Roy model

The Roy model is one of the earliest works in economics on self-selection due to A. D. Roy. The basic model considers two types of workers that choose occupation in one of two sectors.

Original model

Roy’s original paper deals with workers selecting into fishing and hunting professions, where there is no uncertainty about the amount of goods (fish or rabbits) that will be caught in a given period, but fishing is more costly as it requires more skill. The central question that Roy tries to answer in the original paper is whether the best hunters will hunt and the best fishermen will fish. While the discussion is non-mathematical, it is observed that choices will depend on the distribution of skills, the correlation between these skills in the population, and the technology available to use these skills.[1]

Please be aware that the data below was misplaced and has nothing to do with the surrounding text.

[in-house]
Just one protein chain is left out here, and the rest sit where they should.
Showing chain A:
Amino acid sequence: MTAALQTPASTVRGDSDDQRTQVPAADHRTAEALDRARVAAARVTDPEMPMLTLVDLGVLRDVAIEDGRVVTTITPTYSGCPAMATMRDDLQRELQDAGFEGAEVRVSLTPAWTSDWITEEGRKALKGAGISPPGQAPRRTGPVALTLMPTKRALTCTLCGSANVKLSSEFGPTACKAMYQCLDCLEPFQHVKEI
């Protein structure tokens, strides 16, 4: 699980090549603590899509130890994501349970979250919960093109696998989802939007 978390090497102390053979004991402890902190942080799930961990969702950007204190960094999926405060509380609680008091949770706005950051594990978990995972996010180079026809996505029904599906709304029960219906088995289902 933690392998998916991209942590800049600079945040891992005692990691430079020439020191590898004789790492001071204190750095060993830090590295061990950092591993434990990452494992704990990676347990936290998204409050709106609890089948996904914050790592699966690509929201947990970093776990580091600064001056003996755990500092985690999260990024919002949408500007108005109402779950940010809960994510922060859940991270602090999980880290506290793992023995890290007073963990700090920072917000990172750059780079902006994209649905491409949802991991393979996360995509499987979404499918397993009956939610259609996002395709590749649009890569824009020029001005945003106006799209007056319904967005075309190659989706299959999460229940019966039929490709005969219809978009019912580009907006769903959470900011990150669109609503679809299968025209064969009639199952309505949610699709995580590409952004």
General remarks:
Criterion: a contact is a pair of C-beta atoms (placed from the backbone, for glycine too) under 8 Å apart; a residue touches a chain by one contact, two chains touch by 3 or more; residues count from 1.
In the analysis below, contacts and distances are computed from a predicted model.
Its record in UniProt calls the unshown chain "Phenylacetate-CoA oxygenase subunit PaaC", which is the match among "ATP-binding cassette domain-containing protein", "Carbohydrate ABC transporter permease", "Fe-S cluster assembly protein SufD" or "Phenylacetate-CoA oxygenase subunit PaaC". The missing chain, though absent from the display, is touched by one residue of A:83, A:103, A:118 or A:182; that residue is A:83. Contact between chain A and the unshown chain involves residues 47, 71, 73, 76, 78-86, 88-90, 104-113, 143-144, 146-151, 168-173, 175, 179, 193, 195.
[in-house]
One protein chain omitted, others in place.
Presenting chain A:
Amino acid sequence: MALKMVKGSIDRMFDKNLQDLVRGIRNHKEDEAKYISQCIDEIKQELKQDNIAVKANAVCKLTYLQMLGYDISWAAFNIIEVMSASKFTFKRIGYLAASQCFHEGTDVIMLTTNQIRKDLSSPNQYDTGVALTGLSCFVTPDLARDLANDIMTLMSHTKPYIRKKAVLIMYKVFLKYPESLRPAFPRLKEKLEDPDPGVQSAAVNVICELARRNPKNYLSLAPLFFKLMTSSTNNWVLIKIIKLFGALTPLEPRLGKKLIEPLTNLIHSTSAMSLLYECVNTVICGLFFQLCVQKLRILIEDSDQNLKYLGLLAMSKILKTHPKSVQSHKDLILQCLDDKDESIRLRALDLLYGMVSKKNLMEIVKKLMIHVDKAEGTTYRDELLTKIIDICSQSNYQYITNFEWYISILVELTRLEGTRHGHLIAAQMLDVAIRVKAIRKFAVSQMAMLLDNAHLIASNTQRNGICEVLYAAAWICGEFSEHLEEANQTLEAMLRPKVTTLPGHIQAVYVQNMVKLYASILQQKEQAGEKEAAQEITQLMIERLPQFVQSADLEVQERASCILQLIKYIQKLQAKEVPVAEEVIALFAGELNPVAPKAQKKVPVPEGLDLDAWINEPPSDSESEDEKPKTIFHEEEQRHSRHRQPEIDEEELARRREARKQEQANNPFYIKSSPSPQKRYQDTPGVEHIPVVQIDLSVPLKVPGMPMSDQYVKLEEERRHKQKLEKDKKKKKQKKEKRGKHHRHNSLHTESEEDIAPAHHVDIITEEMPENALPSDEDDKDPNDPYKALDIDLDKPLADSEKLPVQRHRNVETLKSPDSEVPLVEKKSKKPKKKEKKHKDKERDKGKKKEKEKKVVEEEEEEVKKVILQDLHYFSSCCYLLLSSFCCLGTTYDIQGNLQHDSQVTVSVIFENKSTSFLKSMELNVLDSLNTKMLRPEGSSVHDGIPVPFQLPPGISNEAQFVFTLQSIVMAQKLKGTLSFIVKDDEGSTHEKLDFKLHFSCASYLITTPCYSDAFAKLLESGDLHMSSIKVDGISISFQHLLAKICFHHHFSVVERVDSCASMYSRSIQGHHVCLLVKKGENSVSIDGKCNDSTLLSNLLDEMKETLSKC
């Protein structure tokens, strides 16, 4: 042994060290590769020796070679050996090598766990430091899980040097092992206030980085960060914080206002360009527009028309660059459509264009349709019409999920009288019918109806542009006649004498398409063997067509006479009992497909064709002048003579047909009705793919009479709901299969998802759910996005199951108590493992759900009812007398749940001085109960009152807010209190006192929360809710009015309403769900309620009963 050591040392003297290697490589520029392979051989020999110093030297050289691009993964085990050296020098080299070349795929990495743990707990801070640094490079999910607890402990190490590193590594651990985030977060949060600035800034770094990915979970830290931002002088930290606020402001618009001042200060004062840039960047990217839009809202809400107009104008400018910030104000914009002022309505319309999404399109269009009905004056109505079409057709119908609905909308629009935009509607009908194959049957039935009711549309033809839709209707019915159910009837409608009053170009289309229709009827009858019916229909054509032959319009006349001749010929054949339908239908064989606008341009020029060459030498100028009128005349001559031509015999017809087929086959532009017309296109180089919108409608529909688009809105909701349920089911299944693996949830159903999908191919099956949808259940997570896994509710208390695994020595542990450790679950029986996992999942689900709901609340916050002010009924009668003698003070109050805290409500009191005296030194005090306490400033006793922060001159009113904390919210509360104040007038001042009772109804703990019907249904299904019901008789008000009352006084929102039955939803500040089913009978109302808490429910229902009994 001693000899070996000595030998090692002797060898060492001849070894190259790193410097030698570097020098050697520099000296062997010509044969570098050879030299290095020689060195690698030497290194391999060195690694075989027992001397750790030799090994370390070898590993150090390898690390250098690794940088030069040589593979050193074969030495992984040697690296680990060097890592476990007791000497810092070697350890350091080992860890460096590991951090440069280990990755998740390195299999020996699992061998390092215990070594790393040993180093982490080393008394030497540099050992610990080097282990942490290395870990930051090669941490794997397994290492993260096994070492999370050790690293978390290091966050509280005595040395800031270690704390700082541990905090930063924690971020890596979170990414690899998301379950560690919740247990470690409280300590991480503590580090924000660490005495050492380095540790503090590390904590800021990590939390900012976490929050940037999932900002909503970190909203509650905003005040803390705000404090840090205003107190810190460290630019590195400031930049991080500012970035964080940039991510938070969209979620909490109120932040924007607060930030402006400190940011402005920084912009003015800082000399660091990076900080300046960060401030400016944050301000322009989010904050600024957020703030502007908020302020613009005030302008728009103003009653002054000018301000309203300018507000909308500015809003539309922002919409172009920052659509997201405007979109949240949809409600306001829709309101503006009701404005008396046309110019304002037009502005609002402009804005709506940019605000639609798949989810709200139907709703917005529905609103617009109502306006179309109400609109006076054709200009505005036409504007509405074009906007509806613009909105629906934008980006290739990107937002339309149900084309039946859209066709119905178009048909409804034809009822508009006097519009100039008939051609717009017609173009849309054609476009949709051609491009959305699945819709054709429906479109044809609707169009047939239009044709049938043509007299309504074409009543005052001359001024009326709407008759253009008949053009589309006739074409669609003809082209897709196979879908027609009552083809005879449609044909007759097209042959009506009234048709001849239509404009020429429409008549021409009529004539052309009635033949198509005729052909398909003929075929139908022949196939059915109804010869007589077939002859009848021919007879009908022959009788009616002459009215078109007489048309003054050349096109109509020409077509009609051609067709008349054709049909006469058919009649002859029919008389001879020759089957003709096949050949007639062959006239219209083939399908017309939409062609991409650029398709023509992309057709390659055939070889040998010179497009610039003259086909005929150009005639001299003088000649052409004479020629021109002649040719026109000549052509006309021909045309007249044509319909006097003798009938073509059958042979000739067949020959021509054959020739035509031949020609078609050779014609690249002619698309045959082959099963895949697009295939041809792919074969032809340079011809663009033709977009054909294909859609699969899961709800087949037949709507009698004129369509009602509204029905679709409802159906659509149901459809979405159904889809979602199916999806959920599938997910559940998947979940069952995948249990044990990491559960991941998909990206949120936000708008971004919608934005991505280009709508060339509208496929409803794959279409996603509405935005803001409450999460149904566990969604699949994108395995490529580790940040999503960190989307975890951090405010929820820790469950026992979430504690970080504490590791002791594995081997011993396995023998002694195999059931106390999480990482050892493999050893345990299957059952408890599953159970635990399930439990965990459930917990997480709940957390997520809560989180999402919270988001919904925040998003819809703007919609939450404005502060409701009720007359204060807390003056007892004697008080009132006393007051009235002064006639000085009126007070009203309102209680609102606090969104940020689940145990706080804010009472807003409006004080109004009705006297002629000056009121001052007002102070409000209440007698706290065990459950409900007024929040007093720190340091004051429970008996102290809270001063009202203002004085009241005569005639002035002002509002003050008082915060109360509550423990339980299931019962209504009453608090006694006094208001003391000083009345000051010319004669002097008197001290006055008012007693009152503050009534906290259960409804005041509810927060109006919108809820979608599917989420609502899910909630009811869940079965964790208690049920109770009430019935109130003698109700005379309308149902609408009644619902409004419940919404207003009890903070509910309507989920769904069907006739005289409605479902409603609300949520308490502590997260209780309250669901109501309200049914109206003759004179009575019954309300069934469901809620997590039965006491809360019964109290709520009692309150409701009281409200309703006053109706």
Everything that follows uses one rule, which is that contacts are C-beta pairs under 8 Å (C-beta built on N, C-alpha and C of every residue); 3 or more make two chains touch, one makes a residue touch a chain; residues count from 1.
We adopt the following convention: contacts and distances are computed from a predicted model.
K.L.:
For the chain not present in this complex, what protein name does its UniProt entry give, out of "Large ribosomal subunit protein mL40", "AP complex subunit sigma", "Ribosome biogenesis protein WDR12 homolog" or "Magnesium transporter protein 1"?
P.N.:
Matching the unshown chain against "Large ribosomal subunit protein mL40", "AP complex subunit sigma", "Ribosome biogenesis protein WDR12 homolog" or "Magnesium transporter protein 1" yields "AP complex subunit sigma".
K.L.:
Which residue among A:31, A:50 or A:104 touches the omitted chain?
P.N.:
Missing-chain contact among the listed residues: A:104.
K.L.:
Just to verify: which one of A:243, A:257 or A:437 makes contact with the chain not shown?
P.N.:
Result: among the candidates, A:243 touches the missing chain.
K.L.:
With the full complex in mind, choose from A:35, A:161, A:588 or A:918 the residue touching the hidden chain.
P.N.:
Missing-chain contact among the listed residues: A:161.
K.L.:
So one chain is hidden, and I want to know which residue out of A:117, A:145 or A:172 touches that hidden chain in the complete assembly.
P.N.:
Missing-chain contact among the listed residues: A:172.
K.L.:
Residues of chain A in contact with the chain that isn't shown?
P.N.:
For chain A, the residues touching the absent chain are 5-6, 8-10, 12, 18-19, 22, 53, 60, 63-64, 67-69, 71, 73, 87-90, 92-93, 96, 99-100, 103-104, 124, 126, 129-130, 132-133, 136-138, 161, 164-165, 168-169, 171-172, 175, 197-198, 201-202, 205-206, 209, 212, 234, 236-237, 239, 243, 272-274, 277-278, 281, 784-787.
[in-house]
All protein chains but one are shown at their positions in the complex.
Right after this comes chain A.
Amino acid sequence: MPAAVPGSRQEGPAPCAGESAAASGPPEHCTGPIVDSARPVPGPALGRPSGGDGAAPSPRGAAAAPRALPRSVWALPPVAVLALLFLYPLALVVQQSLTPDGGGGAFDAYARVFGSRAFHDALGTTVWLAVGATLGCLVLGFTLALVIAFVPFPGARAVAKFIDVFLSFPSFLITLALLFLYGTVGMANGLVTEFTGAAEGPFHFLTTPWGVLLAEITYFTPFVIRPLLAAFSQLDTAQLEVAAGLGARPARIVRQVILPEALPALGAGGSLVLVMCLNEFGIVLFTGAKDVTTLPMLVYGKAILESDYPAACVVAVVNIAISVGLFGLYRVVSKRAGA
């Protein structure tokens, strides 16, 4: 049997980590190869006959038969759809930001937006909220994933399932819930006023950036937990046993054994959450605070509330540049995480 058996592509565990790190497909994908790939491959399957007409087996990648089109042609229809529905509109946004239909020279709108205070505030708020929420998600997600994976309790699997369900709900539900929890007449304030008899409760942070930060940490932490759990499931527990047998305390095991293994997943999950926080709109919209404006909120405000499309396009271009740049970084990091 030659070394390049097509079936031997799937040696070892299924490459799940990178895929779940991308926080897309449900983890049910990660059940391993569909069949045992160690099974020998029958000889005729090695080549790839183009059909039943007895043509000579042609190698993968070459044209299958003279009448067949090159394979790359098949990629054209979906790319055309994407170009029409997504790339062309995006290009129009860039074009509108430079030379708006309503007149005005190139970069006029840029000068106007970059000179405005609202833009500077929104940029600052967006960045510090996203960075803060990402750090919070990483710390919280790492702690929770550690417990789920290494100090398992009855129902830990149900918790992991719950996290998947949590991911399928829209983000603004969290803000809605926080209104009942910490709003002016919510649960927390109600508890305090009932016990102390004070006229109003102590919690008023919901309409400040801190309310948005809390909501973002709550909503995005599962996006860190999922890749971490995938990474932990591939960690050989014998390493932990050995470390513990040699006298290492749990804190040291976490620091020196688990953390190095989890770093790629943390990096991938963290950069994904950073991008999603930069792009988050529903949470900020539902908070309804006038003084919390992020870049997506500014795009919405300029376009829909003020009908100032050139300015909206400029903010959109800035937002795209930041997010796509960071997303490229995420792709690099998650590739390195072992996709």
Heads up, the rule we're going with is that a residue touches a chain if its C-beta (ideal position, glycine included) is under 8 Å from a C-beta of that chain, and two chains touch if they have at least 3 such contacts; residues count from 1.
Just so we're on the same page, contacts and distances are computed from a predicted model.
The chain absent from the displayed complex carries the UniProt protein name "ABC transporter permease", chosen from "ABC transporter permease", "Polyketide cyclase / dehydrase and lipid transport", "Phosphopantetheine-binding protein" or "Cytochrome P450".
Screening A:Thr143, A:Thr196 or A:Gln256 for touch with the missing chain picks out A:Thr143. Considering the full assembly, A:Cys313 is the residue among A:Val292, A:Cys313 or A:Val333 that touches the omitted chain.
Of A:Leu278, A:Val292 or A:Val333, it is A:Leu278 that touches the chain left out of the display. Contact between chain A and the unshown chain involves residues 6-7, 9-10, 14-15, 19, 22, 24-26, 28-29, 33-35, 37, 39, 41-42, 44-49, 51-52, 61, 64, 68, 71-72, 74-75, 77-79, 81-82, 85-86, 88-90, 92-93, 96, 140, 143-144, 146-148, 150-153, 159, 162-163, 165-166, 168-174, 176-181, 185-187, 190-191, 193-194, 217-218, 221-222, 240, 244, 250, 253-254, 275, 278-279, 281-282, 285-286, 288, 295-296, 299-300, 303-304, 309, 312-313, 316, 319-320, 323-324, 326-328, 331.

1. ^Roy, A. (1951). “Some Thoughts on the Distribution of Earnings”. Oxford Economic Papers. 3 (2): 135–146. JSTOR 2662082.
  2. ^Borjas, G. J. (1987): Self-Selection and the Earnings of Immigrants. American Economic Review 77(4), pp. 531-553.
  3. ^Heckman, J. J., Honoré, B. E. (1990): The Empirical Content of the Roy Model. Econometrica 58(5), pp. 1121-1149.
  4. ^Heckman, J. J., Vytlacil, E. (2007): Econometric evaluation of social programs, part I: Causal models, structural models and econometric policy evaluation. Handbook of Econometrics, Vol. 6, ed. by J. J. Heckman, and E. E. Leamer. North Holland.
  5. ^Imbens, G. W., Angrist, J. D. (1994): Identification and Estimation of Local Average Treatment Effects. Econometrica 62(2), pp. 467-475.

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